Election breakdown – where now for progressive politics?

It can be argued that last week’s General Election marks a turning point: a shift away from neoliberalism and towards – or rather back to – social democracy. There is talk that the age of austerity is over. The initial focus on Brexit was replaced by a genuine policy debate, based around the Labour and Conservative manifestos and revealing voters’ anxieties about the state of public services. Young people were energised into voting in greater numbers, which could lead to changing political priorities as parties take them more seriously in future.

The power of the mainstream media has been dented, as the public took little notice of their sneers and voted Labour anyway. The scale of Labour gains prompted discussion about the mechanics of campaigning, including the use of social media, the impact of positive messages versus smearing your opponents, and the importance of the ‘ground campaign’ through canvassing and rallies.

On the other hand let’s not lose the run of ourselves. Despite unexpected Labour gains, the Conservatives are still likely to be in government, kept in power by the DUP: arguably a regressive partnership, rather than the progressive alliance we at The Combination had hoped for. And a partnership that regards the Good Friday Agreement as collateral damage.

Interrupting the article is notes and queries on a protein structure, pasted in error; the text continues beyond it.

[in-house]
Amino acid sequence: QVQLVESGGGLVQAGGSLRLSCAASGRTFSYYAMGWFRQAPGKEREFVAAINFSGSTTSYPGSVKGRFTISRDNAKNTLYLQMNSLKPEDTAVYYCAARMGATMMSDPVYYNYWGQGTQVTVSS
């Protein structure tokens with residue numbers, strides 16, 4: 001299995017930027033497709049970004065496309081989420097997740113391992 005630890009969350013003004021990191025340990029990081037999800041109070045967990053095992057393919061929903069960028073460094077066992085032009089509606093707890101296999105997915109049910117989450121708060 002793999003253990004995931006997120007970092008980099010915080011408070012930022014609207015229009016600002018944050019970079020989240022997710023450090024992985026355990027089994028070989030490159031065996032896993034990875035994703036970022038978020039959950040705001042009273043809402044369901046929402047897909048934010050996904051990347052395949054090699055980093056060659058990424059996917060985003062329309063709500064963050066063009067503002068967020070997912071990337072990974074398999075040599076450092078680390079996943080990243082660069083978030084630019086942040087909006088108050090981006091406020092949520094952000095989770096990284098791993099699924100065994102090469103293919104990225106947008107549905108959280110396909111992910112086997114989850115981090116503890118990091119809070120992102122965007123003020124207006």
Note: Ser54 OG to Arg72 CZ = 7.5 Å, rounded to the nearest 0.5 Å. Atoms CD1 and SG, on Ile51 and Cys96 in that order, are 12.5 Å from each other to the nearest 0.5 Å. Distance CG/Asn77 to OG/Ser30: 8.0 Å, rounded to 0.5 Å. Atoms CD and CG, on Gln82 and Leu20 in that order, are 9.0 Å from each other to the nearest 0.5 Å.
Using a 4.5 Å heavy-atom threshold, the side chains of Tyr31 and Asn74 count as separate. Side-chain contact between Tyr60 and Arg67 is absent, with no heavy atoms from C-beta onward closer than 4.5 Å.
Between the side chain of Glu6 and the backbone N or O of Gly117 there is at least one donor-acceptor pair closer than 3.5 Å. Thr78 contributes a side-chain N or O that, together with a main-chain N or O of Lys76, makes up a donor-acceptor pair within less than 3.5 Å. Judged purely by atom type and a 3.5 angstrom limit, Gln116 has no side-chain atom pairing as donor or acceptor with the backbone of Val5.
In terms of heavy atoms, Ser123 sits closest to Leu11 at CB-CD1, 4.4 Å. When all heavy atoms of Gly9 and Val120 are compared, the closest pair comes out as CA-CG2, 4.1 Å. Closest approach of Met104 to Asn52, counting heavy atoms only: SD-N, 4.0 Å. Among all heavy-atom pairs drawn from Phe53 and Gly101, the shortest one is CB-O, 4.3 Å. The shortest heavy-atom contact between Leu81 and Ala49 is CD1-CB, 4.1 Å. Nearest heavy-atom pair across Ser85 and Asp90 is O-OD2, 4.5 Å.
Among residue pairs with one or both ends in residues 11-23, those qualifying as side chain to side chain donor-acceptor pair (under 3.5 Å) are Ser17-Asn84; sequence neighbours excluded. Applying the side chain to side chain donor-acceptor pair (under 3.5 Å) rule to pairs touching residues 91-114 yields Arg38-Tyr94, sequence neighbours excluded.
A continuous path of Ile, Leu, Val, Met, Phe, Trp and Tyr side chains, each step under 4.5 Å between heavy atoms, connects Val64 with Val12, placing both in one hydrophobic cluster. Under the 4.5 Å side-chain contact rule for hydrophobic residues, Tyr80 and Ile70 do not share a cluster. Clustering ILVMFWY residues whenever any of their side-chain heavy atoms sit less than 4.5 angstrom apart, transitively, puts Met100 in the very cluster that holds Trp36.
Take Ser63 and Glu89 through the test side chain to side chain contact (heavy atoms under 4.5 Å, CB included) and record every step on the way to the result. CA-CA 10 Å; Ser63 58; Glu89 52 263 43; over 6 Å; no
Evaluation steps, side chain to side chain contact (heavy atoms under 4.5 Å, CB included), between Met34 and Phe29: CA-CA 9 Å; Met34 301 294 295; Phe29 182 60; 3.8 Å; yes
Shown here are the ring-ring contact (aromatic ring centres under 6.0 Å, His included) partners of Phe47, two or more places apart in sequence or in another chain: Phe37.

So are we in for more austerity, or will there be a sudden interest in putting extra funds into Northern Ireland? Are we to be faced with reinvigorated opposition to progress on women’s rights and LGBTQ equality, or will the additional scrutiny on the DUP’s positions force them to soften their stance? What are the implications for issues such as climate change and the transition to a low carbon economy? Can the UK Government continue as an ‘honest broker’ in Stormont talks when that Government depends on the confidence and supply of one of the parties to the talks? For the same reason, should the talks fail, how can direct rule from London be perceived as impartial? How are voters in the border counties to be represented when they have no active representatives above local Council level?

And speaking of the border, there’s also the small matter of imminent Brexit negotiations…

What are we to make of it all?

Well, the Combination has organised a public meeting to address these and related issues, and to consider the implications of the General Election for progressive politics in Northern Ireland and farther afield. We’ve invited five speakers from a range of perspectives: Brian Campfield (NIPSA), Geraint Ellis (QUB), Ellen Murray (GenderJam NI and Green Party NI), Liz Nelson (Belfast Feminist Network and Belfast Trades Council) and Robin Wilson (independent researcher and journalist).

Join us on Tuesday 20 June, 7.30pm at the Crescent Arts Centre, Workshop Room 4.

And follow us at: https://www.facebook.com/combinationNI/ and @CombinationNI

The Combination

14 June 2017